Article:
If you have private cops looking for shoplifters, they're going to find them everywhere - real or not. And they'll be paying off local governments to expand the definition of shoplifting and/or finding ways to be paid whether they catch actual shoplifters or not.

Well that's kind of an admission that the private sector would be damn good at tracking down shoplifters and villains. Great, I'm with you on that one!

And once again you observe that local government will get ripped off due to their fecklessness and the competence of private policing operators. Well I'm with you on that one too!

But if the buying power is in the hands of the citizen to choose the insurer and policing provider, why would the citizen want to be paying extra for the private policing service chase down non-shoplifters? As soon as fake shoplifting or burglaries were reported the shop or home owner would say, "You what? I haven't been robbed. what are you chasing this guy down for I've not lost any stock or had my windows broken, I'm switching to another insurer and policing service who won't rip me off - and posting a load of negative comments on the forums!"

Why would business be any less corrupt than government?

Because government's a licensed monopoly. That one's obvious. Business gets corrupt in direct proportion to how much of a monopoly or cartel is in operation. If the government steps back from operating the economy and instead tends the markets to keep them competitive the corruption diminishes - in the state because it no longer operates a monopoly and in the market likewise.


SoD, just curious...are there "Boogaloo" types in Britain identifying as such? The ones here are anti government/anti police. They have more in common with the BLM Marxist group than anyone else.

Not sure if there's any Boogie going on in Blighty, haven't looked yet.

My only knowledge of the Boogaloo movement is the Bellingcat post ...

Can't remember the nitty-gritty, but it seems to have a slice of everyone in it. But the common thread across most of the groups is an innate distrust of authority and the state, which isn't a bad thing. An embattled president on the top of the pile set about by an out of control democracy in the middle of the pile could reach around the rear and call out the bottom of the pile.

I think Machiavelli himself observed: the king appeals to the people with Libertarian gestures to keep a rampant nobility in check, and then appeals to the nobility with Authoritarian gestures to keep a rampant people in check.

The Don calling out the Boogaloo to rattle their AR15's at Washington is always an option in the US. Sadly Blighty has no such non-linear checks and balances.


Off-topic for the purpose of this "Sunday Rumble" but then of course as it's me whaddaya espect!???

(Bob made some noises in this regards some days back so I wuz thinkin' wtf!)

Do note the date - 2015 - that's pre-Trump!


The NYT, product of America's most conspicuous big city, has been a Bête noire of the right forever - because it does represent the outlook of a big city and not what you would call country bumpkins. It's nonsensical to be worked up about the NYT's bias but not, say, the Washington Examiner's or Wall St. Journal's. All newspapers have a bias of some kind.

In broad strokes government and business aren't very different, being human enterprises and subject to an endless supply of bad judgement. However, the purpose of business is to get money. It has no concern for human happiness or improvement other than what might be gained by buying their product. No one not a majority shareholder or member of the board has any say whatever in how a business behaves. Externalizing costs and creating phony needs have been ripping off taxpayers since civilization began. There are good reasons there's never been a libertarian country.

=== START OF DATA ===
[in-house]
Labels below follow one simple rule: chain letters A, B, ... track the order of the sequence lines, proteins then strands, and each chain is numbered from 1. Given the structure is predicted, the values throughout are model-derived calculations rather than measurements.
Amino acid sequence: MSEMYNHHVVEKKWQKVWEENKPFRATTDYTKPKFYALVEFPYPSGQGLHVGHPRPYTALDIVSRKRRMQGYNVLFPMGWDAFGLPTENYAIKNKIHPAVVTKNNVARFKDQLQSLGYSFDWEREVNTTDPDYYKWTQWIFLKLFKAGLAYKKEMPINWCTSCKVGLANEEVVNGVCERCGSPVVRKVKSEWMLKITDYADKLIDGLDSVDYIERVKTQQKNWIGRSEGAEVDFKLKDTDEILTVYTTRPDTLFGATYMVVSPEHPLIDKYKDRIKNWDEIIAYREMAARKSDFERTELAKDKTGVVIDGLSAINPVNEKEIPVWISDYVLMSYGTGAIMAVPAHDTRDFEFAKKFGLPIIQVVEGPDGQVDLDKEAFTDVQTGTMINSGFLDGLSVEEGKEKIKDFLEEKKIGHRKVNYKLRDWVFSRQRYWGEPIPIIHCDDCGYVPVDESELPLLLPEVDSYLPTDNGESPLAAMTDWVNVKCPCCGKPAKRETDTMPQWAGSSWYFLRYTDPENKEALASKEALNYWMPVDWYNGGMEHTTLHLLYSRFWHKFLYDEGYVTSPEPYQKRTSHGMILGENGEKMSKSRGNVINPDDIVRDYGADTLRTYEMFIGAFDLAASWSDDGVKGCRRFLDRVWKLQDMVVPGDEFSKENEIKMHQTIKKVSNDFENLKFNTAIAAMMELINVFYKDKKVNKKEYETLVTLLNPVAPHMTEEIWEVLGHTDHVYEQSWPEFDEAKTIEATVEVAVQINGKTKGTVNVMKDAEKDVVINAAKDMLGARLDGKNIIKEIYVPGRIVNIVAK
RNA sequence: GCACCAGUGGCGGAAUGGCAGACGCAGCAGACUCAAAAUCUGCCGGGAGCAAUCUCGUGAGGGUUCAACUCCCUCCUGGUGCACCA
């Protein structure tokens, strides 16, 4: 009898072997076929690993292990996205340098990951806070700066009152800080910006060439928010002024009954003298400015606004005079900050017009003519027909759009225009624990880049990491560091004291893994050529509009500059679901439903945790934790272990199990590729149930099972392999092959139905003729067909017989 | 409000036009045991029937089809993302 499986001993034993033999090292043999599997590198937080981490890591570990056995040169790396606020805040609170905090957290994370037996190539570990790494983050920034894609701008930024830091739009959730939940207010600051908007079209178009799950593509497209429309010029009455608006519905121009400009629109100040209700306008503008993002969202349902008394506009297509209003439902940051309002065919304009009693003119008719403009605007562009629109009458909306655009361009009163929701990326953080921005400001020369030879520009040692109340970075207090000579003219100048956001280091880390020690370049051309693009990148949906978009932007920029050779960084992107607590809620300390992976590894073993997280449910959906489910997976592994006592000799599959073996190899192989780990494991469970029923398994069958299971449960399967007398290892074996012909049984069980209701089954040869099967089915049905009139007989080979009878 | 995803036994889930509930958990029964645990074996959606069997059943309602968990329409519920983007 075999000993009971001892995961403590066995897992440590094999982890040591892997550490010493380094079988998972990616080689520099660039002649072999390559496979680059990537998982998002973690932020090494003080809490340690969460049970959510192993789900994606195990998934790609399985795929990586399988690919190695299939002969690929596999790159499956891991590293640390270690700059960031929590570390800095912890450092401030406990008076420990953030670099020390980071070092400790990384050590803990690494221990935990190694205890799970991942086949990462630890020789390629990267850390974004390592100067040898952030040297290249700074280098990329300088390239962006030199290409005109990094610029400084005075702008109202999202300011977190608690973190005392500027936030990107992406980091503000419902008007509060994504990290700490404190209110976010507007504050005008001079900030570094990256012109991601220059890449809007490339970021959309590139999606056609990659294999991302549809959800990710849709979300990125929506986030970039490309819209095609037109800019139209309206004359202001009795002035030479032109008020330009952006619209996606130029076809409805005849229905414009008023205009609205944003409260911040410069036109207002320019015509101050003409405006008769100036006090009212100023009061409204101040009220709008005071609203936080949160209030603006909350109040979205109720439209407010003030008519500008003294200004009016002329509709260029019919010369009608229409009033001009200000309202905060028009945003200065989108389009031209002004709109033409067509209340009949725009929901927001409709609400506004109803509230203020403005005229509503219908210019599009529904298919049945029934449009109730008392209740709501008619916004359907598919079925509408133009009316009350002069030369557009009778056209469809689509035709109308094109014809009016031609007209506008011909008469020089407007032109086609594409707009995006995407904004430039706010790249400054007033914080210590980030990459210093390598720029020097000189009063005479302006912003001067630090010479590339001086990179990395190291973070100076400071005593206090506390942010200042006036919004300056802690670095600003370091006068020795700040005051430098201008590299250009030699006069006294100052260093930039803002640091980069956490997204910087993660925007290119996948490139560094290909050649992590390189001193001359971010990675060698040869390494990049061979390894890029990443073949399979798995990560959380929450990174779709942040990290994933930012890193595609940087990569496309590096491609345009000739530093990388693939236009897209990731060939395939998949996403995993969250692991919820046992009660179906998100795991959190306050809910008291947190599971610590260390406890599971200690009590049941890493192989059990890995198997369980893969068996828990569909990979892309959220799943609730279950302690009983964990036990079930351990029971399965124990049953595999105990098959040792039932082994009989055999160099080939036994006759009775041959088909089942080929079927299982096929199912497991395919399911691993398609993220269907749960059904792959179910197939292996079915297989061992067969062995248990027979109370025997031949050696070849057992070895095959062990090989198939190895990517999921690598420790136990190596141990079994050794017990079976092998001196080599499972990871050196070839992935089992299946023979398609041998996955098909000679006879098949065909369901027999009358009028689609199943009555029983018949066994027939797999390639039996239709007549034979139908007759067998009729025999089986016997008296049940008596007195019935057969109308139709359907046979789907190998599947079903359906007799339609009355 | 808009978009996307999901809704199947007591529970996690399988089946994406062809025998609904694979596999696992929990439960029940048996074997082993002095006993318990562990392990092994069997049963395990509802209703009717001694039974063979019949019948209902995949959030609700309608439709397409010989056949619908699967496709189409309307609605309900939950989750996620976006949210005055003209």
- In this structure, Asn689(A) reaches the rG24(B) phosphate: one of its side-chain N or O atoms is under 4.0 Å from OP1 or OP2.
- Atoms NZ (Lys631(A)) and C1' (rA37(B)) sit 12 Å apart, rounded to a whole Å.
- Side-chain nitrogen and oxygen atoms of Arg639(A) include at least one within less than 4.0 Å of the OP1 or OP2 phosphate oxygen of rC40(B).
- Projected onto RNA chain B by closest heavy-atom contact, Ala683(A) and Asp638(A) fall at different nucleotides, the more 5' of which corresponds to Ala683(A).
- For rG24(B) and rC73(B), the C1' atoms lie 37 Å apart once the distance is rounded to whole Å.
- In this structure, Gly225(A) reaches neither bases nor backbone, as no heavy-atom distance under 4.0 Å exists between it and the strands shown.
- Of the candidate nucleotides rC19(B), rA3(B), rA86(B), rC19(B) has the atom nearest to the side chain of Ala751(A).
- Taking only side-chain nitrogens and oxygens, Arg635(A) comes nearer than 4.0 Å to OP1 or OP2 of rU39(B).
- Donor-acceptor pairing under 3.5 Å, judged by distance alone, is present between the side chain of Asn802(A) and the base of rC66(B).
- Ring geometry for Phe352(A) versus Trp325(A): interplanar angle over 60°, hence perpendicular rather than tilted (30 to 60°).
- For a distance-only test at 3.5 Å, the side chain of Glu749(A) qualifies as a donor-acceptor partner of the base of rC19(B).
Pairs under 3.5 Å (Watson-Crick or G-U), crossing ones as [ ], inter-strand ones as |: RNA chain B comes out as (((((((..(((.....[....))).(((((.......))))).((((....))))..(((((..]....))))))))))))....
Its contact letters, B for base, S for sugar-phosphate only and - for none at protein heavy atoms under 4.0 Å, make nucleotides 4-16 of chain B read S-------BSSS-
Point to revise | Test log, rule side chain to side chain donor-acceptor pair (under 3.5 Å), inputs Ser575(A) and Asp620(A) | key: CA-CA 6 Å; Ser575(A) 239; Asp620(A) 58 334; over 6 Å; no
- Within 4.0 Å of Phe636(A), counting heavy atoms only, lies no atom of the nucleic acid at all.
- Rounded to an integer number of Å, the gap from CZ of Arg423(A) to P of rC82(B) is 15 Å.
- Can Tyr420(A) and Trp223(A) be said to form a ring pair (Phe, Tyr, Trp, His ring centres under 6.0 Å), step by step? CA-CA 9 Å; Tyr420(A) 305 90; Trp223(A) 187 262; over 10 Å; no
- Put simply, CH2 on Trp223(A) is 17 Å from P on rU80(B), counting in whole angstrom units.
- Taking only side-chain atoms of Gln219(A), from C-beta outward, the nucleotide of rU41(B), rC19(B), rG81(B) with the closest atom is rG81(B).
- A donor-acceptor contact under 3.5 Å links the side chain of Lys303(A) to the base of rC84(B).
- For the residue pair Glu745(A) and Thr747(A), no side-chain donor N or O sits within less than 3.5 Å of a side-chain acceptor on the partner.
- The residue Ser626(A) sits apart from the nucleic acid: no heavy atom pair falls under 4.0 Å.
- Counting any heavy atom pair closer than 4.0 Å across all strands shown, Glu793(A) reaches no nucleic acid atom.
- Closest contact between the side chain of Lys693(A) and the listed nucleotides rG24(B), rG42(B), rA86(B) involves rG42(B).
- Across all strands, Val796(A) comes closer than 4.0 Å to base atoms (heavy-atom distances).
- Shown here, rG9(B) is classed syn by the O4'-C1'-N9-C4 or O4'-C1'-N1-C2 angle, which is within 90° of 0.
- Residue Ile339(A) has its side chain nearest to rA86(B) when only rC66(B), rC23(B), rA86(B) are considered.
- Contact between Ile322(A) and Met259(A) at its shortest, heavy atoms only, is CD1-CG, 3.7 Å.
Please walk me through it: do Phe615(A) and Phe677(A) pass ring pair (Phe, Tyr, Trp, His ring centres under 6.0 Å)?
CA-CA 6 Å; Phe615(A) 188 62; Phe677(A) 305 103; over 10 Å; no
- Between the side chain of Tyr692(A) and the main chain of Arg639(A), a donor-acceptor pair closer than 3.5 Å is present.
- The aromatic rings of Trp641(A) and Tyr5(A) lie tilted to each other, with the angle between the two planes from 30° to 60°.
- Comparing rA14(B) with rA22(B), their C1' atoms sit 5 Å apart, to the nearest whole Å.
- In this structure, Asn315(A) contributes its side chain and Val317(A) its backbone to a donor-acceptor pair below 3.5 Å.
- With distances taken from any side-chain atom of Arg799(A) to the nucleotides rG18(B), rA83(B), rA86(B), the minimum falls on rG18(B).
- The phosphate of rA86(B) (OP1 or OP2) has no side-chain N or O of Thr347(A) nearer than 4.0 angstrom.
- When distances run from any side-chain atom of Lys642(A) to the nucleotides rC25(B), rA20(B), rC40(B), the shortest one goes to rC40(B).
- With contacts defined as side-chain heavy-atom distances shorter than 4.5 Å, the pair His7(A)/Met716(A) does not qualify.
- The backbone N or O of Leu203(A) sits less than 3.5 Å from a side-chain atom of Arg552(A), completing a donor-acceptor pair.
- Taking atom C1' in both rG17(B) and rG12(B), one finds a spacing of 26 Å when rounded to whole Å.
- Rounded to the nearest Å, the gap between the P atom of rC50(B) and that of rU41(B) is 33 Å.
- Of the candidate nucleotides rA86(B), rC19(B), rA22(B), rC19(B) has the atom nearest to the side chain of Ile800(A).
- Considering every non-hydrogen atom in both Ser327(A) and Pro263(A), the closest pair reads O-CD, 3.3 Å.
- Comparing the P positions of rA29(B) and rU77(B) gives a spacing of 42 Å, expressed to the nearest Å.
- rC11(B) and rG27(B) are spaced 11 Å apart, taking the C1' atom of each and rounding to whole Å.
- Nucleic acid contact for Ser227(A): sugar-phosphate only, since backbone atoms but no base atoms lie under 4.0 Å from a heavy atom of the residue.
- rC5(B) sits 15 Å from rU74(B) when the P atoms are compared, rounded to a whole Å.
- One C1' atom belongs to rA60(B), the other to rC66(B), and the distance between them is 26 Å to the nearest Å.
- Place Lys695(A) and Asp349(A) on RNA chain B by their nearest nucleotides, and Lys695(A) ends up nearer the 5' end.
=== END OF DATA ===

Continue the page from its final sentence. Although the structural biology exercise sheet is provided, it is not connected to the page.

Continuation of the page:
Btw, it's not just the NYT:

Bob, you're like the shoe salesman who went to Africa and reported back, "Nothing of interest to us here, they go barefoot".

With sales skills like that no wonder you dodge the private sector!

Think of the four corners of Nolan's chart as like Churchill's old WWII adage about America ...

Americans Will Always Do the Right Thing — After Exhausting All the Alternatives

Left, right and bottom pointy corner, and then grudgingly at the Boogaloo bayonet point of a pissed off population, finally the top corner.

And historically, it's interesting to note that Liberty has appeared and thrived in only two places: the motherland of empires or at the periphery of civilisation. All the best thoughts and deeds of Liberty were done there: Greece, Rome, Britain and America. (And of course China in 2500BC, which I never knew about until recently. Plenty of digging to be done there by me - and a storm of "boremunition" coming your way when I'm done!).

I'm convinced empire has done greatest service to Liberty by sending all the pols away from the motherland and off to the colonies, and chasing the Liberty loving natives and colonials out of the vassal states and into the periphery.

Someone could probably get a PhD out of researching that one a bit: looking at all the major empires and charting the progress of Liberty against them.

The struggle of mankind is as much one against the political gene as it is famine and pestilence.

If there was a choice of two vaccines on 1st Jan 2021: one against Covid and the other against the pol gene, which would you choose if we could only have one?

Ref your "business is only interested in money" observation: remember markets aren't only comprised of businesses. Charities, co-ops, mutuals, not-for-profits, even clubs. These constitutions all compete as well. But the people decide who wins and what the balance of operations will be out of the competing constitutions.

And who's to deny the will of the people?


Don't try selling ice to Eskimos, SoD. You might have heard somewhere the countries and territories occupied by empires didn't feel especially liberated. Of course we forgive you, but it's only because you've give us Monty Python and The Beatles.

Belief in the existence of the pol gene is limited to Lawrence Duff so far as I know. Greed, on the other hand, is fairly well documented. The Code of Hammurabi, written around 1754 BC, takes a dim view of theft:

Law #22: "If any one is committing a robbery and is caught, then he shall be put to death."'s_Code

Those old-fashioned values would be still be useful in cases like Enron's market manipulation or HSBC's money laundering.

Even if they were actually businesses, charities aren't as good examples as you might think: